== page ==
Labrador Retriever  Breed, Temperament & Training
Famous owners of a Labrador Retriever have included Henry Kissinger, Queen Beatrix, Bill Clinton and Vladimir Putin. With their friendly and well-balanced nature, Labradors are very popular dogs all around the world.
They quickly make friends with strangers, especially if they suspect they may receive a treat to eat. History and origin of the Labrador Retriever The dog originates from the provinces of Newfoundland and Labrador, on the Canadian east coast.
It is thought to be a descendent of the black water dog. As early as 1497, English merchants from Bristol came across the dog when they discovered Newfoundland. Historically, the dog was always called a ‘Newfoundland’ or ‘Labrador’.
Later in the 19th Century, fishermen brought the dog to England, where it soon became widely known as a ‘Labrador’. The resulting breed was further developed, and differed more and more from the much larger Newfoundland.
The Labrador quickly developed into a versatile hunting dog, and popular amongst the English nobility. The dog’s special breeding gave it a fondness for water, a coat with water-repellent qualities, an excellent sense of smell, docility and endurance.
Originally, Labradors were bred as hunting and retrieving dogs, which would reliably retrieve shot birds from lakes and ponds. The breed was officially recognized by the British Kennel Club in 1903, and by the FCI in 1954.
Appearance of the Labrador Retriever The ‘Lab’, as the dog is affectionately called, is one of the six different retriever breeds, which vary significantly in character and appearance. According to the breed standard, the height at the withers should reach 56 to 57 cm in males, while females should be somewhat smaller at around 54 to 56 cm.
The weight is not fixed, and is between 25 to 36 kg depending on the sex. Their life expectancy is around 12 to 13 years. The medium-sized, solidly built dog has a prominent skull and a broad chest. The coat may be black, reddish or chocolate colored, as well as the well-known light-cream coloring, which is often confused with the popular Golden Retriever.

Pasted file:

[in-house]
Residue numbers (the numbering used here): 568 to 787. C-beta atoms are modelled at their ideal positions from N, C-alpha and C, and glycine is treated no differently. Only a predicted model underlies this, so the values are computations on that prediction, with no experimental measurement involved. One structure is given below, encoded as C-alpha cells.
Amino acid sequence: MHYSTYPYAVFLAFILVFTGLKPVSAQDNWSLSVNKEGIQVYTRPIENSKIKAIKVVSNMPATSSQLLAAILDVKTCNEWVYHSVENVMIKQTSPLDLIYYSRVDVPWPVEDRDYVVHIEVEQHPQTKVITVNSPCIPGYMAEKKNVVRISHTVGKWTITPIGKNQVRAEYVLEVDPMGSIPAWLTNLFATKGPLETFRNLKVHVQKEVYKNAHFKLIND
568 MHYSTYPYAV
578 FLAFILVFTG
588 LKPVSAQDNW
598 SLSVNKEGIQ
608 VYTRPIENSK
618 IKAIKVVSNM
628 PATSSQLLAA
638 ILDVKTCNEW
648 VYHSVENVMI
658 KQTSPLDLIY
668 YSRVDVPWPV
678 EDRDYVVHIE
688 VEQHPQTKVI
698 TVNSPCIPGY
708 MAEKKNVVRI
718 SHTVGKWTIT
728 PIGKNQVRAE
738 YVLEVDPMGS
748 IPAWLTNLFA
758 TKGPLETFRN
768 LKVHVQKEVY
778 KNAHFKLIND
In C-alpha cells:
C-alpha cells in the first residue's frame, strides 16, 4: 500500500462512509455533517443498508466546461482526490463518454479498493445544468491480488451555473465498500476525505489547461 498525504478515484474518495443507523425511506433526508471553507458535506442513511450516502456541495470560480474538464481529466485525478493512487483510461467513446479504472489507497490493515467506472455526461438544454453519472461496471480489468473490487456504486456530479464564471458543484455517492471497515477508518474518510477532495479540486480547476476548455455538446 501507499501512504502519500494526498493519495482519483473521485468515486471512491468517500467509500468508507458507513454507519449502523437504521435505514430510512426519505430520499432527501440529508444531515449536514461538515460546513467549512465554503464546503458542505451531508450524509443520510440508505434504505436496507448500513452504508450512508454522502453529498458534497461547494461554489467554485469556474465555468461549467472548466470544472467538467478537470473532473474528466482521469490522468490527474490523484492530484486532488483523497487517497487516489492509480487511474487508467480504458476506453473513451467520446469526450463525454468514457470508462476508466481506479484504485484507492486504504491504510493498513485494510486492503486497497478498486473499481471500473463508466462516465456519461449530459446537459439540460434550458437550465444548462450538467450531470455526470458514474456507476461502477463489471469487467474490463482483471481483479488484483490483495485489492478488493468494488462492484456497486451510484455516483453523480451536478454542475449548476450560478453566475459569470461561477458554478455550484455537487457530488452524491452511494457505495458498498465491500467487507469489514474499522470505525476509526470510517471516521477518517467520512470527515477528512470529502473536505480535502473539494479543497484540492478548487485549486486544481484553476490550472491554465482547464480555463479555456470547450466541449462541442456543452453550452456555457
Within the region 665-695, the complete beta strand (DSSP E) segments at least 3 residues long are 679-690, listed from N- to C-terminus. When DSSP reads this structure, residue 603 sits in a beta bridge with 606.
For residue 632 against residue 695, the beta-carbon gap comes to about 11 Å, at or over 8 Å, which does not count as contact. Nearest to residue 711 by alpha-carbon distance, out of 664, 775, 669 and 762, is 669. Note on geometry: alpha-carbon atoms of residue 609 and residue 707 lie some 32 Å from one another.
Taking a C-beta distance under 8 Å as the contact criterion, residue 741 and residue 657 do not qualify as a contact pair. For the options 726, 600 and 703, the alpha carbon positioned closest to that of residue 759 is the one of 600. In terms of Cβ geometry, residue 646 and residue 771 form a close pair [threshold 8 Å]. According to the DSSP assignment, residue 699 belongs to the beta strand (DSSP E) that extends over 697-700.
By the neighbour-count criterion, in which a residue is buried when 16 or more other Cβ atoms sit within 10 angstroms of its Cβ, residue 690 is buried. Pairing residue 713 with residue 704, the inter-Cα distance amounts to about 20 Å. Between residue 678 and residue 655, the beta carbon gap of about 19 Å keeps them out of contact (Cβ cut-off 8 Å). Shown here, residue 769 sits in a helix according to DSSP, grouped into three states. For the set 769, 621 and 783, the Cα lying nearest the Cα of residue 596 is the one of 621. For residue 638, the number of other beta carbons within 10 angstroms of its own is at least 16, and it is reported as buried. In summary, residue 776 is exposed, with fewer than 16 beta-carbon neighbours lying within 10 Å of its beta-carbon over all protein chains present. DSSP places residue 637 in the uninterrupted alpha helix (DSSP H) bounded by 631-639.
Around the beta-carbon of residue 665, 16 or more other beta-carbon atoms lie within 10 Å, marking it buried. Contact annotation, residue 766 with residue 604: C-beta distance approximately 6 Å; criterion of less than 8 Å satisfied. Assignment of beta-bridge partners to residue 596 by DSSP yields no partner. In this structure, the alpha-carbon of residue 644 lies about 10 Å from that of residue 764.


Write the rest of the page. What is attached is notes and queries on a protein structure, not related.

Labradors with black fur have brown eyes and black eyelids, while the chocolate-colored variety has brown, or light brown eyes with brown eyelids. The dogs have floppy, medium-sized ears and a bushy, otter-like tail.
The coat is short and with a dense undercoat. Temperament and Training of the Labrador Retriever Labs have a versatile character and a real zest for life. With their ingenuous look, they always want to please their owner.
They are attentive and active, and can be kept as a single dog, but need a close family connection. Labradors are usually very friendly, even when strangers or children come very close to them. Therefore, they are an ideal dog for families, and first-time dog owners.
In general, the dogs are obedient and can be led very easily. They love to eat, so small food treats can also be used as rewards during training. Labradors make excellent guide dogs, narcotics dogs, rescue dogs, or even therapy dogs.
They have somewhat of a hunting instinct, but are entirely unsuitable as guard dogs. Exercise and care of the Labrador Retriever Labs love long walks, preferably with plenty of swimming involved. They love to fetch, and are suited to agility courses and dummy work.
The dogs are susceptible to hip and joint dysplasia, as well as elbow dysplasia. Before breeding permission can be granted, a Labrador will need to be x-rayed to check if it is free of HD and ED. Eye diseases, such as cataracts or progressive retinal atrophy, in which the vision cells of the retina are destroyed, can also occur.
With their short coat, Labradors are very easy to care for. And since they tend to become overweight due to their constant craving for food, they should not be given too many treats, on top of their two larger portions of dog food per day.